“If the cross records the in-justice of earthly systems of law…then it is more that all of our theories of crime and punishment are deconstructed, in exactly the same way that theories of sacrifice are deconstructed by the Letter to the Hebrews. That Christ is ‘made a curse for us,’ is effectively THE OVERTHROW OF ALL RETRIBUTIVIST THEORY, its exposure and denial. When we realise the extent to which all punishment involves revenge, the maintenance of power, and scapegoating, we realise that only the mercy of God, as expressed in Christ’s absolute self-giving, is supreme. Punishment involves our adopting a position of judgment which, in turn, denies the offender’s real equality. This stance of judgment is NEVER occupied by God, writes John Milbank, ‘….The trial and punishment of Jesus itself condemns, in some measure, all other trials and punishment, and all forms of alien discipline.’ The cross is not an endorsement of punishment but an announcement of its end.” (Gorringe: 237)


“Punishment as retribution seems to COERCE criminals by inflicting suffering on them against their will. It alienates offenders. [In other words, it does nothing by way of helping offenders come to a free “recognition of the divine majesty and lordship” nor does it aid in awakening an un-coerced repentance and acceptance of death, thereby doing nothing whatsoever to ensure that offenders “die in the grace of God.”] Nietzsche saw this absolutely clearly. Punishment, he notes, is the last thing to awaken ‘the sting of conscience.’ ‘Generally speaking, punishment makes men hard and cold; it concentrates; it sharpens the feeling of alienation; it strengthens the power of resistance…punishment tames men, but it does not make them BETTER.’”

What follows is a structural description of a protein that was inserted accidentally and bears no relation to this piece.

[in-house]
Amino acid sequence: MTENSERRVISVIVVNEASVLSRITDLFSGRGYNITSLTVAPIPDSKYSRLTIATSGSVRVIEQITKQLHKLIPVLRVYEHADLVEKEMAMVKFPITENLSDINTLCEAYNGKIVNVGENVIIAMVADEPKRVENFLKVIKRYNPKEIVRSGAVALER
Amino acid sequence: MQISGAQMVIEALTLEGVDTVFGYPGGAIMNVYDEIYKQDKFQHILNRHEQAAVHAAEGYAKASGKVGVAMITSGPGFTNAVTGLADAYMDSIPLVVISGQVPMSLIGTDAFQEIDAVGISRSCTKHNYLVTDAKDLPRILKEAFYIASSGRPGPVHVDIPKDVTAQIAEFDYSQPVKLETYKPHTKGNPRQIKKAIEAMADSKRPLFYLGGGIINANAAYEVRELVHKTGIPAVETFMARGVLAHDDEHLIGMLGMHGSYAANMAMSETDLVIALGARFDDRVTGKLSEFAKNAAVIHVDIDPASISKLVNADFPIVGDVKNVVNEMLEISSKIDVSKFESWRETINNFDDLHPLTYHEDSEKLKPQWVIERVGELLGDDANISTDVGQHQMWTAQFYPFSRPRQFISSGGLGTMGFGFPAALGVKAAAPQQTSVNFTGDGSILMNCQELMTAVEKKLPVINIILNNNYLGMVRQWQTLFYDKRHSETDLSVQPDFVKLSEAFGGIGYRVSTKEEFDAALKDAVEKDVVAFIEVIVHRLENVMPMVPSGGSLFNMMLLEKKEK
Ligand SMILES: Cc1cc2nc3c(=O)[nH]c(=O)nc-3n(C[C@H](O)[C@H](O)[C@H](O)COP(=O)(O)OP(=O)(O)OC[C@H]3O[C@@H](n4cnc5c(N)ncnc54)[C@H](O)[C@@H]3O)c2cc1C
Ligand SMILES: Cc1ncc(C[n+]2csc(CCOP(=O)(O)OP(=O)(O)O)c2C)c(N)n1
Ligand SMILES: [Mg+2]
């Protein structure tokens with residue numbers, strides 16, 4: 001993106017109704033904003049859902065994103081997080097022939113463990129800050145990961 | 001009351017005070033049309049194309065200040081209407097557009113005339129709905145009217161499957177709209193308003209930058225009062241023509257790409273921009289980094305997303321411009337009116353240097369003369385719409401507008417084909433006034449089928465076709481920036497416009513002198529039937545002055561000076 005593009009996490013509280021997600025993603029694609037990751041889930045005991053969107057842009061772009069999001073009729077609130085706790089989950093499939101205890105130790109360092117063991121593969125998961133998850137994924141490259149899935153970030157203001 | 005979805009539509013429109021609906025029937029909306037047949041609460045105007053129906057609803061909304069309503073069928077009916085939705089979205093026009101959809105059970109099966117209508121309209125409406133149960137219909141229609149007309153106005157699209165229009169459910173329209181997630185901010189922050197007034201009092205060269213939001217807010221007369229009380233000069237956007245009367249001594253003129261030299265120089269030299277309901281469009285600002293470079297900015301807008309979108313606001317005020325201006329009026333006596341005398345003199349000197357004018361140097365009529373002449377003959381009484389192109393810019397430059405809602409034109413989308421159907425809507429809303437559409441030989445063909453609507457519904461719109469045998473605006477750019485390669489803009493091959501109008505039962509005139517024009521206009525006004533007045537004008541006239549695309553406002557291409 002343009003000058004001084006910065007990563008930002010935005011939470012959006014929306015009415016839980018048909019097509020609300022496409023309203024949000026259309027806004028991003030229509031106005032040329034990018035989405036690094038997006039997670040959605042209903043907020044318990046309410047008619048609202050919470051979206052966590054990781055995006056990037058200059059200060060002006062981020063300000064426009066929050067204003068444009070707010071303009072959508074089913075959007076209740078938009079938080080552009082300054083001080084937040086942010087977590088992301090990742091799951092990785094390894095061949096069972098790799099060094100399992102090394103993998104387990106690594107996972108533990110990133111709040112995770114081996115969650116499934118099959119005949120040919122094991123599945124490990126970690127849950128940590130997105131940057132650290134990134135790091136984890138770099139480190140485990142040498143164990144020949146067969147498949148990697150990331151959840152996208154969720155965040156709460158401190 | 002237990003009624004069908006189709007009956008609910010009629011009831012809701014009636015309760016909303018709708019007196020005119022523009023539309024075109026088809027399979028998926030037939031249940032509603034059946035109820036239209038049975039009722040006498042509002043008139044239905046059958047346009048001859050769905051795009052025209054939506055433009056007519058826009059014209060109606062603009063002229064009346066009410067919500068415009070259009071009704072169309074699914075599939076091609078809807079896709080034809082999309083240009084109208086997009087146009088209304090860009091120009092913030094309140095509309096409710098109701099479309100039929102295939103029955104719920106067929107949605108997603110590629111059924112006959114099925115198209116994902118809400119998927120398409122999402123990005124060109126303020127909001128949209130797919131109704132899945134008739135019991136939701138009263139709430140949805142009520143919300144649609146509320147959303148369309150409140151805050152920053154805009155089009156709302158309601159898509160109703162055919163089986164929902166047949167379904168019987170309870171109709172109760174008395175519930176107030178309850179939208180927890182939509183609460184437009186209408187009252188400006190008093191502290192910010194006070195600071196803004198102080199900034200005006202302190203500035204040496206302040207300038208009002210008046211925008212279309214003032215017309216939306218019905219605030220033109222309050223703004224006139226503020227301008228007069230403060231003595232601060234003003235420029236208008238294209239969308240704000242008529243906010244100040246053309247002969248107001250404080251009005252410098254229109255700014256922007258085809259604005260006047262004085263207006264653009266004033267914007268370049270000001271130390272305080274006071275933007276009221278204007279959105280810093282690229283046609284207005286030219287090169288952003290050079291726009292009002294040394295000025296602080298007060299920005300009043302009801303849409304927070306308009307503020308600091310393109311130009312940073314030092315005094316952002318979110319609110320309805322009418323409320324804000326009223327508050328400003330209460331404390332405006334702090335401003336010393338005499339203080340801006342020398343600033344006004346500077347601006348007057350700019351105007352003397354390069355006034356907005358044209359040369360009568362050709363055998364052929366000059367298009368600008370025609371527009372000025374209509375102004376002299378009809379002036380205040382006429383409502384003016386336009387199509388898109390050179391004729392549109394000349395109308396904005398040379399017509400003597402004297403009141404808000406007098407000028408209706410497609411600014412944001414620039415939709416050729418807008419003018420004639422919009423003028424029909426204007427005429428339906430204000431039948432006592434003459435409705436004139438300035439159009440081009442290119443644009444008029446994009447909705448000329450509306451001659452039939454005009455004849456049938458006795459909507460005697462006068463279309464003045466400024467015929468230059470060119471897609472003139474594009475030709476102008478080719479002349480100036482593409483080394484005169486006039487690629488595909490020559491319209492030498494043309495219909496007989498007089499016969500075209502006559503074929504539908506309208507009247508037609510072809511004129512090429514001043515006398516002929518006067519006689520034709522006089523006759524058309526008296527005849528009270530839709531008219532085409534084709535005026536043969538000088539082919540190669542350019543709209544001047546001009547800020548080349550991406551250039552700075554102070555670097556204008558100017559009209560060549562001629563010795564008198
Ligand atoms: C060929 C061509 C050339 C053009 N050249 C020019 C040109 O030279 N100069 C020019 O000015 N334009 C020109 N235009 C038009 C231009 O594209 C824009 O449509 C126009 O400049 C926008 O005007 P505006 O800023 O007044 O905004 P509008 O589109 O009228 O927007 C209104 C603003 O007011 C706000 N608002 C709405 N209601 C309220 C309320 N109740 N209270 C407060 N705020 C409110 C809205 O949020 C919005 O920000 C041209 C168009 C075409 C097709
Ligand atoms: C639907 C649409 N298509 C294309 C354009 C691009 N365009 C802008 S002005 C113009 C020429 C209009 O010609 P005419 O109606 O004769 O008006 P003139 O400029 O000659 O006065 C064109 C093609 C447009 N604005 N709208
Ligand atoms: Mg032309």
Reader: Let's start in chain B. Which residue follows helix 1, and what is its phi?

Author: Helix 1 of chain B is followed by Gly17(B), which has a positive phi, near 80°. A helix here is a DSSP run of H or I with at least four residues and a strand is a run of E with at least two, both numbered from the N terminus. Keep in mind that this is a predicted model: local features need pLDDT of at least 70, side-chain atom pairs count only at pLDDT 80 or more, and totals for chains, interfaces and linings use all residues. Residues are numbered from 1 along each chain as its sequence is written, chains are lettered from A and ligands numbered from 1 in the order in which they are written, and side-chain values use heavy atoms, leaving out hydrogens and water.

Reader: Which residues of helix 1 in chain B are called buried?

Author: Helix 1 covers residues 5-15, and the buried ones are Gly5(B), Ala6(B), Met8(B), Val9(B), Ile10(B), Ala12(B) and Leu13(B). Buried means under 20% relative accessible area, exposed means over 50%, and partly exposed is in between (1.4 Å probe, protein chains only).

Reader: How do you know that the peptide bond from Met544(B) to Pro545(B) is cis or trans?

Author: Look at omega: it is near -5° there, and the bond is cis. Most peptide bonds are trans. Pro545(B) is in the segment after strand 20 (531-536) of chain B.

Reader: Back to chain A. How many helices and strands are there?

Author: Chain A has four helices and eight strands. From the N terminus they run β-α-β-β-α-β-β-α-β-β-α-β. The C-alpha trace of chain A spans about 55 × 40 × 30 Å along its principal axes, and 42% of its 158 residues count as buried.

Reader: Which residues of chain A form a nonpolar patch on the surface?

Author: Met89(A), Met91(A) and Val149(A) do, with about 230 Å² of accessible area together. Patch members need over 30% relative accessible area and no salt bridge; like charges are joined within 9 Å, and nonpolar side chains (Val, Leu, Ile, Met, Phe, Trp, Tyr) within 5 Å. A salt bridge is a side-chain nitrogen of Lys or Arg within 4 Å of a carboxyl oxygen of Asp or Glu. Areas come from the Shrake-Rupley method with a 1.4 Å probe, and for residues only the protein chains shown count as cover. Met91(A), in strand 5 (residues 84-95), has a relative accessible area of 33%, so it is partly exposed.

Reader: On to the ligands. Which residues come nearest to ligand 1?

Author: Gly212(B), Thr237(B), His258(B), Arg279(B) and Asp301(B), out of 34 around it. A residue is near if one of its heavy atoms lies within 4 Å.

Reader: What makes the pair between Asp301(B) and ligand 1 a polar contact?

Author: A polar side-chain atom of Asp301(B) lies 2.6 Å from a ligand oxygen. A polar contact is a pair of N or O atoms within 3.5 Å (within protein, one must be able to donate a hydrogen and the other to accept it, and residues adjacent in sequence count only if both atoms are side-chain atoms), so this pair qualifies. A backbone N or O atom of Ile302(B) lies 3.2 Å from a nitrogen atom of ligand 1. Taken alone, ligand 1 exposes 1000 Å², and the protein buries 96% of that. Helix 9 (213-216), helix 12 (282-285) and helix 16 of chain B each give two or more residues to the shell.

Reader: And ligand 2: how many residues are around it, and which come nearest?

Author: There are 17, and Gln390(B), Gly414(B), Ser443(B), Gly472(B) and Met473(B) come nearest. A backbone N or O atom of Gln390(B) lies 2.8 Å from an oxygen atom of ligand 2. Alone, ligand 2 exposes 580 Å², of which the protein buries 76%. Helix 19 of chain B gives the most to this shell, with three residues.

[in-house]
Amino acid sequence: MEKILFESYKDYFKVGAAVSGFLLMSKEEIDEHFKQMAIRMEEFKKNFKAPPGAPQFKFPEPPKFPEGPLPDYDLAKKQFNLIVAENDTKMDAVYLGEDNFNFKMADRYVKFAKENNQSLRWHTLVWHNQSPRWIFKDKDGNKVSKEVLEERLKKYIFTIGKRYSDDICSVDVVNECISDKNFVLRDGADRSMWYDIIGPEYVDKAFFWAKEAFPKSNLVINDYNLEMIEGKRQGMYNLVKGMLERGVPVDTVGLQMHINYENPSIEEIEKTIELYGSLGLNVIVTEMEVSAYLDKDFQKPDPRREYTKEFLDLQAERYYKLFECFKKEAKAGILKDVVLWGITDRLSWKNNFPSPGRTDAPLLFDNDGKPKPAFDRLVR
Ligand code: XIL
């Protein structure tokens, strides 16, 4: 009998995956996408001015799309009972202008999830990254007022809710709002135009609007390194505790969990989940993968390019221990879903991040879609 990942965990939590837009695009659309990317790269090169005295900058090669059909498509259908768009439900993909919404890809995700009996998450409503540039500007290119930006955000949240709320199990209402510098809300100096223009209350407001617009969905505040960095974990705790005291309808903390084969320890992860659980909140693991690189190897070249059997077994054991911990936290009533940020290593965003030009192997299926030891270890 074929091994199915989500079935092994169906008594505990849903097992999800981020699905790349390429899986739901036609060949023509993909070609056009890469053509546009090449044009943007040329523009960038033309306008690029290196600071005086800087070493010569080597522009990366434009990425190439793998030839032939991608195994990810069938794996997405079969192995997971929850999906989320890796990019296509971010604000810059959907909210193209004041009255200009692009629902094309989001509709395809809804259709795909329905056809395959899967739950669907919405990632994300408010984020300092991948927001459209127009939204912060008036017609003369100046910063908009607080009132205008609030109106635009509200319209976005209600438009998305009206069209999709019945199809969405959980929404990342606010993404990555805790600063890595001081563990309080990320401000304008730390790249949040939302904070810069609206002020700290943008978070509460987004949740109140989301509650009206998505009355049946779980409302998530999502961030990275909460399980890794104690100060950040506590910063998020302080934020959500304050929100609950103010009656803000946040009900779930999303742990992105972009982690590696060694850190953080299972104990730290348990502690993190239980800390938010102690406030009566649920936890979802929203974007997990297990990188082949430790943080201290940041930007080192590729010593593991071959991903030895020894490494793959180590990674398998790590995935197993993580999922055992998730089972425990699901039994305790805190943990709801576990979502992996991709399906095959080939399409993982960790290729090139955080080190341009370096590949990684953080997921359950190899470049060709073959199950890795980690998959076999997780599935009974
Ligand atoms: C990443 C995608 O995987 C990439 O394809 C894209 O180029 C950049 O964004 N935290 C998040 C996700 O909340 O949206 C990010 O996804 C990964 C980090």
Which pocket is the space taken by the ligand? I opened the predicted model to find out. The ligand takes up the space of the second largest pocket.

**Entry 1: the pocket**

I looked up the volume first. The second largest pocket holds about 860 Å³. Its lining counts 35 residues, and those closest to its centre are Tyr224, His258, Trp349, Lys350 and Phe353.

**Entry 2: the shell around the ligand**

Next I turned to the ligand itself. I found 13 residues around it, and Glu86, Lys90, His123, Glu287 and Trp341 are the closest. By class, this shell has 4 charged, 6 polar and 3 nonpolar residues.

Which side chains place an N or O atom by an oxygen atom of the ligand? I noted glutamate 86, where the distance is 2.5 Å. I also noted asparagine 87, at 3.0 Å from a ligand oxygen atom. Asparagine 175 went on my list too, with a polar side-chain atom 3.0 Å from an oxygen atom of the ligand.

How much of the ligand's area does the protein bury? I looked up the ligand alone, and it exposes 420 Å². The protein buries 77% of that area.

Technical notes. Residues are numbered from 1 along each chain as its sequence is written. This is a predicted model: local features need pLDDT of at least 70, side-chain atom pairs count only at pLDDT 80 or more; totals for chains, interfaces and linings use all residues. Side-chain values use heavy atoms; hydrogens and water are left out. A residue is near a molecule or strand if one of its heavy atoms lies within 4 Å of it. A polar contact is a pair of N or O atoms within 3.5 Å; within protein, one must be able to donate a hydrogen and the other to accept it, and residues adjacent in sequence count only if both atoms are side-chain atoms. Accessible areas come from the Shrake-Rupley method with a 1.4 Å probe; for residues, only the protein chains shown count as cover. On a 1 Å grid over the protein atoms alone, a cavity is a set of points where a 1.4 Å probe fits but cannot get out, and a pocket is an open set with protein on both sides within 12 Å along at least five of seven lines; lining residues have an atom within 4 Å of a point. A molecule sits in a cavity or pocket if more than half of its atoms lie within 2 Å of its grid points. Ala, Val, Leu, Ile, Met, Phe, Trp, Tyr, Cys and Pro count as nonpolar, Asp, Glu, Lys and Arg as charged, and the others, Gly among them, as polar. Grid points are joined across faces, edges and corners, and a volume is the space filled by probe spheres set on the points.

Gorringe further spells out the manner in which the New Testament reveals to us the ends of an imagined (if not utopian) community that,

“far from providing legitimating for retributive practice, in fact advanced the claims of an alternative, nonviolent, way of life. Forgiveness…lies at the heart of that—not as a benign doctrine but as a remorselessly difficult PRAXIS. [….] Forgiveness is a creative act, sui generis, which heals by restoring people to community, by recognizing the mutuality of guilt (‘Let him without sin cast the first stone’).” (Gorringe: 265)

In eloquent and wise words from a novel of the late Iris Murdoch: “To love and to reconcile and to forgive, only this matters. All power is sin and all law is frailty. Love is the only justice. Forgiveness, reconciliation, not law.”

Dudley Sharp

Jesus and the death penalty
Dudley Sharp

God/Jesus: ‘Honor your father and your mother,’ and ‘Whoever curses father or mother must certainly be put to death.’ Matthew 15:4

This is a New Testament command, which references several of the same commands from God, in the same circumstance, from the OT.